Document Type

Open Access Article

Author Biography

Rebecca Romney co-founded the rare book firm Type Punch Matrix, as well as the Honey & Wax Book Collecting Prize. She is on the Council of the Bibliographical Society of America and is a member of the Grolier Club.


This article seeks to delineate principles for incorporating feminist practices into the three main roles of the antiquarian bookseller: buying, cataloging, and selling. While scholarship in feminist bibliography is growing in the academic sphere, and feminist movements for individuals in the rare book trade (such as the Antiquarian Booksellers’ Association of America’s Women’s Initiative) have seen success in recent years, few formal explorations of feminism in the everyday practices of the trade have yet followed. Laying this groundwork is an important step in the wider efforts to build a more diverse, inclusive, and accessible rare book trade and body of avocational collectors, both of whom play critical roles in deciding what gets preserved, what ends up in institutional collections, and what is ultimately available for scholarly research. This article surveys principles for feminist practice with examples based on the author’s own experience as an antiquarian book dealer and cofounder of a rare book firm. It outlines typically unspoken economic influences that have shaped the culture of the rare book trade, as well as how some traditions of the trade can perpetuate bias that results in unnecessary obstacles to attracting, welcoming, and maintaining relationships with collectors. In providing specific examples, this article also demonstrates how incorporating feminist principles into the fundamental skills of the rare book trade is beneficial to dealers, and thus why every bookseller should be a feminist bookseller. This practice benefits dealers in the short term by enabling them to buy in a more informed manner, as well as reducing the risk of needlessly alienating potential buyers of specific books in their cataloging and selling practices. Further, it benefits dealers in the long term by supporting the growth of a much bigger pool of buyers, as it is they who fundamentally keep the engine of the rare book trade running.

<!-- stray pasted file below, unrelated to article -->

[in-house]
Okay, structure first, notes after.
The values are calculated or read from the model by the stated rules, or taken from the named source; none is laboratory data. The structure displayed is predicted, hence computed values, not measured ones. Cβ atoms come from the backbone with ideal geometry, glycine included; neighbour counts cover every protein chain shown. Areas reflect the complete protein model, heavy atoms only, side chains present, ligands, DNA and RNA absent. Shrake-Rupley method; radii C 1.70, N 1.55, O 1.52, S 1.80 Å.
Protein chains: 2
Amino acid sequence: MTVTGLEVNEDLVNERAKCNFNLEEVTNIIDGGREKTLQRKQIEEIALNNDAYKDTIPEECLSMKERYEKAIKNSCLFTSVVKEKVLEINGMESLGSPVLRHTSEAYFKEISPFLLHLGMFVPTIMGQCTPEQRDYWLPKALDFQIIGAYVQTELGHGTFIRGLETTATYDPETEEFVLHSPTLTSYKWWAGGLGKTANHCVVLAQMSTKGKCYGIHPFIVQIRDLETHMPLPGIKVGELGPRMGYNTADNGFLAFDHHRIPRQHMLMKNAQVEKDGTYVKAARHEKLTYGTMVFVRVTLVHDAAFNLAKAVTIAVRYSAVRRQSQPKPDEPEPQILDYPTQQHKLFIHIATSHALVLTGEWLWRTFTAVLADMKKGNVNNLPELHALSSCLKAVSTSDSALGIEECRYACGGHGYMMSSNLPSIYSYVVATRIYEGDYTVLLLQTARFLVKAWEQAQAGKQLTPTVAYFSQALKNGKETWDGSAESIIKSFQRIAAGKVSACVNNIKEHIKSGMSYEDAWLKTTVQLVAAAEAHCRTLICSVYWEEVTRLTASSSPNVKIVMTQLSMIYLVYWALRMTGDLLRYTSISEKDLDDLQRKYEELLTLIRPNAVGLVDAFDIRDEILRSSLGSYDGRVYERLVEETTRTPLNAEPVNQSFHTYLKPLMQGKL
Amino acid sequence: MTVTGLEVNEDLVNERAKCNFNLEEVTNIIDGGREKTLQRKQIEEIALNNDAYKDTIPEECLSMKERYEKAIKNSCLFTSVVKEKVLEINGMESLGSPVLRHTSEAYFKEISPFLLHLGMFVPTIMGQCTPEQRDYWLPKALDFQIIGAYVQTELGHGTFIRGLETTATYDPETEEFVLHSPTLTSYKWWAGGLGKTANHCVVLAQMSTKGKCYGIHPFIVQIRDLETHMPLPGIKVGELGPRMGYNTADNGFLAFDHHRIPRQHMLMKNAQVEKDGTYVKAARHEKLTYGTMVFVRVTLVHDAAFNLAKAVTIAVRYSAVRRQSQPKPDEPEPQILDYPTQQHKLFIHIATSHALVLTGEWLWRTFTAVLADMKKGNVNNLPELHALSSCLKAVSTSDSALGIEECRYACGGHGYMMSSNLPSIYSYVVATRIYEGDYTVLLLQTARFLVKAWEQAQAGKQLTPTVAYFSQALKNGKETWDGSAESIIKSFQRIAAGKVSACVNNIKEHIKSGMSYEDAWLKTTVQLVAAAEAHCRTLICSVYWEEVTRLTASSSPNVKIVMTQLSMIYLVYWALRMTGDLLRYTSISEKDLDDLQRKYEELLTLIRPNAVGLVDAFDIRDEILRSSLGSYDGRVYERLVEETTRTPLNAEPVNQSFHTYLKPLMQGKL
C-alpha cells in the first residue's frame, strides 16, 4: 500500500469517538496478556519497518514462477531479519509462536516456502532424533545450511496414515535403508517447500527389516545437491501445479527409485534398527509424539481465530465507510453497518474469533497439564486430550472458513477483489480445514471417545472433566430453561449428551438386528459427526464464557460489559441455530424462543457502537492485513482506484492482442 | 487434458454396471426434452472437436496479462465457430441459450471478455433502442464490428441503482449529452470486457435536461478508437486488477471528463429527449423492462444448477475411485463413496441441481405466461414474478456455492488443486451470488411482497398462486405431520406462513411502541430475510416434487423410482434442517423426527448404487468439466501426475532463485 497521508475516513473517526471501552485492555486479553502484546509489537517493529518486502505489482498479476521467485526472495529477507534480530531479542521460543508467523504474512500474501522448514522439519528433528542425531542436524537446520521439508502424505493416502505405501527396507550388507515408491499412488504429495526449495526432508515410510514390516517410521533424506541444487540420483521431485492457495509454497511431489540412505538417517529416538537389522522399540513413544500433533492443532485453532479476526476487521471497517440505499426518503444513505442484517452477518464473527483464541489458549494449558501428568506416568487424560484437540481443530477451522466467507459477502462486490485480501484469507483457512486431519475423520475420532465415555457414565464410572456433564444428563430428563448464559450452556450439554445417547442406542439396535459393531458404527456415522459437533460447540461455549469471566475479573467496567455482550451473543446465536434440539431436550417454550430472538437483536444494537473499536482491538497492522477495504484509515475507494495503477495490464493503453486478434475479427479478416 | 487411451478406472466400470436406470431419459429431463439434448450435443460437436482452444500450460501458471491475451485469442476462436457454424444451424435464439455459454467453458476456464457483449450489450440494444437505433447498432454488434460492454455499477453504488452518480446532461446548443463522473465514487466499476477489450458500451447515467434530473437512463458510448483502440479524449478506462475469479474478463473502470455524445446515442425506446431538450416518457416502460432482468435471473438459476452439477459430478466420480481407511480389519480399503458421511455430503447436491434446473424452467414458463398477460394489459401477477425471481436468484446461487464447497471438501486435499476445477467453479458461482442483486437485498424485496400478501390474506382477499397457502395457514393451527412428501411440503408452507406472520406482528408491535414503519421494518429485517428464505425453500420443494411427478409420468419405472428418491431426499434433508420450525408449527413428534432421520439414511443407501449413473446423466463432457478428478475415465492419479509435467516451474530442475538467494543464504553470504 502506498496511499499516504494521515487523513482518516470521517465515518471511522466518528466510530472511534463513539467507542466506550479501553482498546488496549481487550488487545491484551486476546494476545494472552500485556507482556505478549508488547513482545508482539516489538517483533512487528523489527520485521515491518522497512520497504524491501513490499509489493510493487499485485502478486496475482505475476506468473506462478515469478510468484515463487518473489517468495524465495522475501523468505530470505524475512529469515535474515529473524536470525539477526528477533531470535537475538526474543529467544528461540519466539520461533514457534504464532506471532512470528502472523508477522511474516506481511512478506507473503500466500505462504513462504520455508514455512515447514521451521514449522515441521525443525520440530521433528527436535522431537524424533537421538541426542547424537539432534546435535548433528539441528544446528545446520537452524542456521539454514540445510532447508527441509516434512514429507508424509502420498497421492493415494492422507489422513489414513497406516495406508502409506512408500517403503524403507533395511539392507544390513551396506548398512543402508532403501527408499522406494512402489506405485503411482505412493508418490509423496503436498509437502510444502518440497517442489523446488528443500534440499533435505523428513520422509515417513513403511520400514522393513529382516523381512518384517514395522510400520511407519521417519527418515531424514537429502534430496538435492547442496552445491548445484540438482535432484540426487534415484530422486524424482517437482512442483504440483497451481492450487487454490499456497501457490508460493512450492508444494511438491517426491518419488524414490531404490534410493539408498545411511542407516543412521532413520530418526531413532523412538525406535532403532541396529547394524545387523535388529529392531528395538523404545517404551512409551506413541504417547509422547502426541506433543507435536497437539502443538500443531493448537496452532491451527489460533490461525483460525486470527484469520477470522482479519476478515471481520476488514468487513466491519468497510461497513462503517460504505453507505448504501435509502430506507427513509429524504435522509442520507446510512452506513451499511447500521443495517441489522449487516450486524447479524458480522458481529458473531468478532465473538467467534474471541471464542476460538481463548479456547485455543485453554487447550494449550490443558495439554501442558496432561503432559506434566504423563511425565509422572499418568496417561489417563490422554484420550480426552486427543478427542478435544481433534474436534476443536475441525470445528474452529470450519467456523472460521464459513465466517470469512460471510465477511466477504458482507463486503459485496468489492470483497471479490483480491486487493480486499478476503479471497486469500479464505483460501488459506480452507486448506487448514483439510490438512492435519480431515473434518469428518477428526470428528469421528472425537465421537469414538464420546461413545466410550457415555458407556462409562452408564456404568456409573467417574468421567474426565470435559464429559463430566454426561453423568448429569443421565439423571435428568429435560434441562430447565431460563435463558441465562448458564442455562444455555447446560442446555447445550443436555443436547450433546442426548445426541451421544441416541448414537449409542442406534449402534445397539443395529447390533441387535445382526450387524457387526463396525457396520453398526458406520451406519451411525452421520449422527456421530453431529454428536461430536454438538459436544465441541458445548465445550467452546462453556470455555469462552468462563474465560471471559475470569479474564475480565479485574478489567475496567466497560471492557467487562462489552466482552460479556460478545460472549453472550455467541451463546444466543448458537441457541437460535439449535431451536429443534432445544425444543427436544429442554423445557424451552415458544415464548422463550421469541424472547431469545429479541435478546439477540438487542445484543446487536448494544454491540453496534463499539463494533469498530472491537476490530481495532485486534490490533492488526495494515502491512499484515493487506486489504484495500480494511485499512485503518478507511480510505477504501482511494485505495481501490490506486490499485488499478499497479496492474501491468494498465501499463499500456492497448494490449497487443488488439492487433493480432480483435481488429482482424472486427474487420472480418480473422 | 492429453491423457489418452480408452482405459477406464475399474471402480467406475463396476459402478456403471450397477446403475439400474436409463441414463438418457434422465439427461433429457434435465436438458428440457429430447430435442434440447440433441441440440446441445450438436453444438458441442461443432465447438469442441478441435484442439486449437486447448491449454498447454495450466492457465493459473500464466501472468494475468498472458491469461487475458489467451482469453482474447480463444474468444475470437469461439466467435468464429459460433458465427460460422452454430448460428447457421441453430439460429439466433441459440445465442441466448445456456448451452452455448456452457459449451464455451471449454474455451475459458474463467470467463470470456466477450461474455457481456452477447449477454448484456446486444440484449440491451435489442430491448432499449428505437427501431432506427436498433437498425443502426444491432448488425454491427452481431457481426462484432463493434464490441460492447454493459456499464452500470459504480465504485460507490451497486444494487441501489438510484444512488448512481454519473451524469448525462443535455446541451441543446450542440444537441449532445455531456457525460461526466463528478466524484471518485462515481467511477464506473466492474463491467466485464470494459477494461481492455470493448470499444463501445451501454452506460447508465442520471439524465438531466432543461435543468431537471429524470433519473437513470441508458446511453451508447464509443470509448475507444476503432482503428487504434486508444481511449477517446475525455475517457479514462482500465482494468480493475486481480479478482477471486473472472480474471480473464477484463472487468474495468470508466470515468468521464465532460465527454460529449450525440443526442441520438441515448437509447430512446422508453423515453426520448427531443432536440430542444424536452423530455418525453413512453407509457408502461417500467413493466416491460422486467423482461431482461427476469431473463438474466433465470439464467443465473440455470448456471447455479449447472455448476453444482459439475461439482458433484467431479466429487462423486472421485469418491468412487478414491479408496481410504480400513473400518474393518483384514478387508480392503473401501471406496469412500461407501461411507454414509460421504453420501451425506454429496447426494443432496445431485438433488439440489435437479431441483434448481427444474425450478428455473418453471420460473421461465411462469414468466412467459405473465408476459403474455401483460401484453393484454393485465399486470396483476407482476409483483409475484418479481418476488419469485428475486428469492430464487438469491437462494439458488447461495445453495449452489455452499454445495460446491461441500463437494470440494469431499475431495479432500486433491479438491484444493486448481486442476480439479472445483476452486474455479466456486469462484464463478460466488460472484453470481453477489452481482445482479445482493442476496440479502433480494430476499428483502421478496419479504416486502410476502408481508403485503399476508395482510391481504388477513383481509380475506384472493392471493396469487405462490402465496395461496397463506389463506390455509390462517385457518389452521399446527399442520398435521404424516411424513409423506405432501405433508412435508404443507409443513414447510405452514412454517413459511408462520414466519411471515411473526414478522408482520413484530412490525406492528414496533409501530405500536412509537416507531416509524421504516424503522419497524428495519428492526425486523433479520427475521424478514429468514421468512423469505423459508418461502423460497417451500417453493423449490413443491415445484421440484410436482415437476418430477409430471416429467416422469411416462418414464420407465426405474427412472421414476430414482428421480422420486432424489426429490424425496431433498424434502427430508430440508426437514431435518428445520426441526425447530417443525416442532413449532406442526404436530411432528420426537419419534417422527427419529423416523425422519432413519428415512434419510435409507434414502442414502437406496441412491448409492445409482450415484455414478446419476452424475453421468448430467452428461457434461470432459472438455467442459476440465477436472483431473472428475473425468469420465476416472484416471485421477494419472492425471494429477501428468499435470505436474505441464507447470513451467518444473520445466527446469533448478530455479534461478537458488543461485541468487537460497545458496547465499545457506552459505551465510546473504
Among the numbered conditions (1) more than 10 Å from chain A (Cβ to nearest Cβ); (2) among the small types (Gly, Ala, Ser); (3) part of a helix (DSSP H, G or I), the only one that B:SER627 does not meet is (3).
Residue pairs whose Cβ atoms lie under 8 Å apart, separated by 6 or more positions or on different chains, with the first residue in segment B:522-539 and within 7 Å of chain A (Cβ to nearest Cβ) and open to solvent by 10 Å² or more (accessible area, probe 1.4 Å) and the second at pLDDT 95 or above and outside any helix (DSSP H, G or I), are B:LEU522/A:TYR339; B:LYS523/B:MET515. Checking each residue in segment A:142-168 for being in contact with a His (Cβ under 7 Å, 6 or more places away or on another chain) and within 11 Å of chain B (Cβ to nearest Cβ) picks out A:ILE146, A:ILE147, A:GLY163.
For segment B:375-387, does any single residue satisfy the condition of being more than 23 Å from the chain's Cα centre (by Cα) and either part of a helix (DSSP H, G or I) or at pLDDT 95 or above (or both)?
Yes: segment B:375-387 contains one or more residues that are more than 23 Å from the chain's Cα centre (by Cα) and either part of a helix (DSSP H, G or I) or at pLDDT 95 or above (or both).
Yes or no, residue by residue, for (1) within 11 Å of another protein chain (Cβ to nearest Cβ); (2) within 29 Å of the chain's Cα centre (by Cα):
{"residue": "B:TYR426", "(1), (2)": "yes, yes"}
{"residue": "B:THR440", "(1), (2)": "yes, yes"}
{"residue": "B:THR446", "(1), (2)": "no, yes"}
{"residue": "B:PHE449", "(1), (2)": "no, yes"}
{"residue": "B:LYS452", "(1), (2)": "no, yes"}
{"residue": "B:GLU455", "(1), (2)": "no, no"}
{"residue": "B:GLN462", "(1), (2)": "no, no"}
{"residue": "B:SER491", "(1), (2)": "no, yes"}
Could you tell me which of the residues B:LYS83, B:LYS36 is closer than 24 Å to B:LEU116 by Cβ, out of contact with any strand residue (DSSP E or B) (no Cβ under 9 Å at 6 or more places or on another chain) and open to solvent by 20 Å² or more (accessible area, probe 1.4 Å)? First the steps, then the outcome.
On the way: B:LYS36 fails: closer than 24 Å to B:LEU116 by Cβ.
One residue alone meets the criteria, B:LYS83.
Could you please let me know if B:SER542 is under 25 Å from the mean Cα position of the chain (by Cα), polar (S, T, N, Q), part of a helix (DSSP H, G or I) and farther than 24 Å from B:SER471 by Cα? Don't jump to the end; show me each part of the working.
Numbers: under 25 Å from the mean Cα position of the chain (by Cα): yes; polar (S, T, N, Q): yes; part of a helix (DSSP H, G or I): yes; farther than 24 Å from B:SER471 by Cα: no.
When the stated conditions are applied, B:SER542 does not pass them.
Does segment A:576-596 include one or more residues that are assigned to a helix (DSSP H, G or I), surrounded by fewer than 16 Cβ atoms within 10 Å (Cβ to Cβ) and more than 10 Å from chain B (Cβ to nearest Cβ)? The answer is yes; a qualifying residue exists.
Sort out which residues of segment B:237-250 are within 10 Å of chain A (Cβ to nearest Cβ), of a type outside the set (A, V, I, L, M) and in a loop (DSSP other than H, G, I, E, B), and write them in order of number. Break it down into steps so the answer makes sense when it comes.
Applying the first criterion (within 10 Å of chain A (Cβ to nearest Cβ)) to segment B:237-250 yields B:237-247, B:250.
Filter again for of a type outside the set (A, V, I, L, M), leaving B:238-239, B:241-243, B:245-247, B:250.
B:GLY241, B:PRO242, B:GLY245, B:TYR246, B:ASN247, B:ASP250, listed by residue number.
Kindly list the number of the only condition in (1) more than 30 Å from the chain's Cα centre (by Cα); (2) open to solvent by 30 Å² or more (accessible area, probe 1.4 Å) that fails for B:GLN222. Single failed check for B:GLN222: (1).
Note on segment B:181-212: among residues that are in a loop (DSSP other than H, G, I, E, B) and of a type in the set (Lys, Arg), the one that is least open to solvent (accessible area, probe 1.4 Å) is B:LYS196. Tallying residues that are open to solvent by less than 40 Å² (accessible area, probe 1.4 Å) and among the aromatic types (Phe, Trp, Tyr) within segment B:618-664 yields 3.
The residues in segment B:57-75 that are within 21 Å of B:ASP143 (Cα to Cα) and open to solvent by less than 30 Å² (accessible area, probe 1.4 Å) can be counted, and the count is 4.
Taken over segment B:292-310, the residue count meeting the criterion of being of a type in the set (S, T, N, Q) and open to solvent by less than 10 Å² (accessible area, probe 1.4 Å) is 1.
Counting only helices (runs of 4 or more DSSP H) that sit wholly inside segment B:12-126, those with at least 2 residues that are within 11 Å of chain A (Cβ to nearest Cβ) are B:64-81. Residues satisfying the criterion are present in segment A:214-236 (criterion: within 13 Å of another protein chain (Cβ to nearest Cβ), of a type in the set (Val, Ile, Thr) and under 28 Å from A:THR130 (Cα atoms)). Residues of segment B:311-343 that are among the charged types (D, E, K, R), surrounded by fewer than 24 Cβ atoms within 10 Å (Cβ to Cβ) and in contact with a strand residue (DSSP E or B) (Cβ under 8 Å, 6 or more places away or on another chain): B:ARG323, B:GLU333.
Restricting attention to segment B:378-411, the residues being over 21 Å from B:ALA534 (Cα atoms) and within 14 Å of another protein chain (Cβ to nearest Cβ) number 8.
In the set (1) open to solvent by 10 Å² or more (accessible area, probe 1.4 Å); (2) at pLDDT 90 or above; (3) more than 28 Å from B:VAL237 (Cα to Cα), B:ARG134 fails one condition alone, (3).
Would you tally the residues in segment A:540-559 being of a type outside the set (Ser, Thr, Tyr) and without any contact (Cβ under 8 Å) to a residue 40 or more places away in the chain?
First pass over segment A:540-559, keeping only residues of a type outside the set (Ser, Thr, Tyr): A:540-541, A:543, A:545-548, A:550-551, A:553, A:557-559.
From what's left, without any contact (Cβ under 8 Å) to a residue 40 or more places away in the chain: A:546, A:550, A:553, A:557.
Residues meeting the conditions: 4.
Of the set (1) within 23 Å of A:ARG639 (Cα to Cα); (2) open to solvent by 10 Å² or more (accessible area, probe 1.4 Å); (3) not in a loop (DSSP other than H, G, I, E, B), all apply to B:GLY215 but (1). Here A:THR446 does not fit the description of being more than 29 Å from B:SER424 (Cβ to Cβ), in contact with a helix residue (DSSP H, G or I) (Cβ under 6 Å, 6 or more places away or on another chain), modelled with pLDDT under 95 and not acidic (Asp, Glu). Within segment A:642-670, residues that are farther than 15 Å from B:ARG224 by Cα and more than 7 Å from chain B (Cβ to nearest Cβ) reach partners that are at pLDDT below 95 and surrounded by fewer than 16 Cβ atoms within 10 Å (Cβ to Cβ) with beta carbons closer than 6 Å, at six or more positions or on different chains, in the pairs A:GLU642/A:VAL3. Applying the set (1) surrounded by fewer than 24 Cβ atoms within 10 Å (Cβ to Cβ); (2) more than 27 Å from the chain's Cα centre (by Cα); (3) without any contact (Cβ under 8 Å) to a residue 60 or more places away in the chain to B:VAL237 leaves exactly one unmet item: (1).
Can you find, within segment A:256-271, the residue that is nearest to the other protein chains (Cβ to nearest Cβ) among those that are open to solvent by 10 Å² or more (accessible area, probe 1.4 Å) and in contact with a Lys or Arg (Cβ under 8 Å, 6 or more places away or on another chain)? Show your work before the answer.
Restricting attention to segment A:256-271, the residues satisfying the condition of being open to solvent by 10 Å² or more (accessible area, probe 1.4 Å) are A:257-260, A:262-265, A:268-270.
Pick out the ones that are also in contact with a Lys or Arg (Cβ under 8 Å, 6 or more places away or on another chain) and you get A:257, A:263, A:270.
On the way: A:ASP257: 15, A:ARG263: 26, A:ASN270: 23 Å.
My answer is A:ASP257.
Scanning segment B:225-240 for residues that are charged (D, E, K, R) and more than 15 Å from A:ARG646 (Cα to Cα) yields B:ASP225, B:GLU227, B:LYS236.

(In the issue section "Rethinking Catalogs and Archives")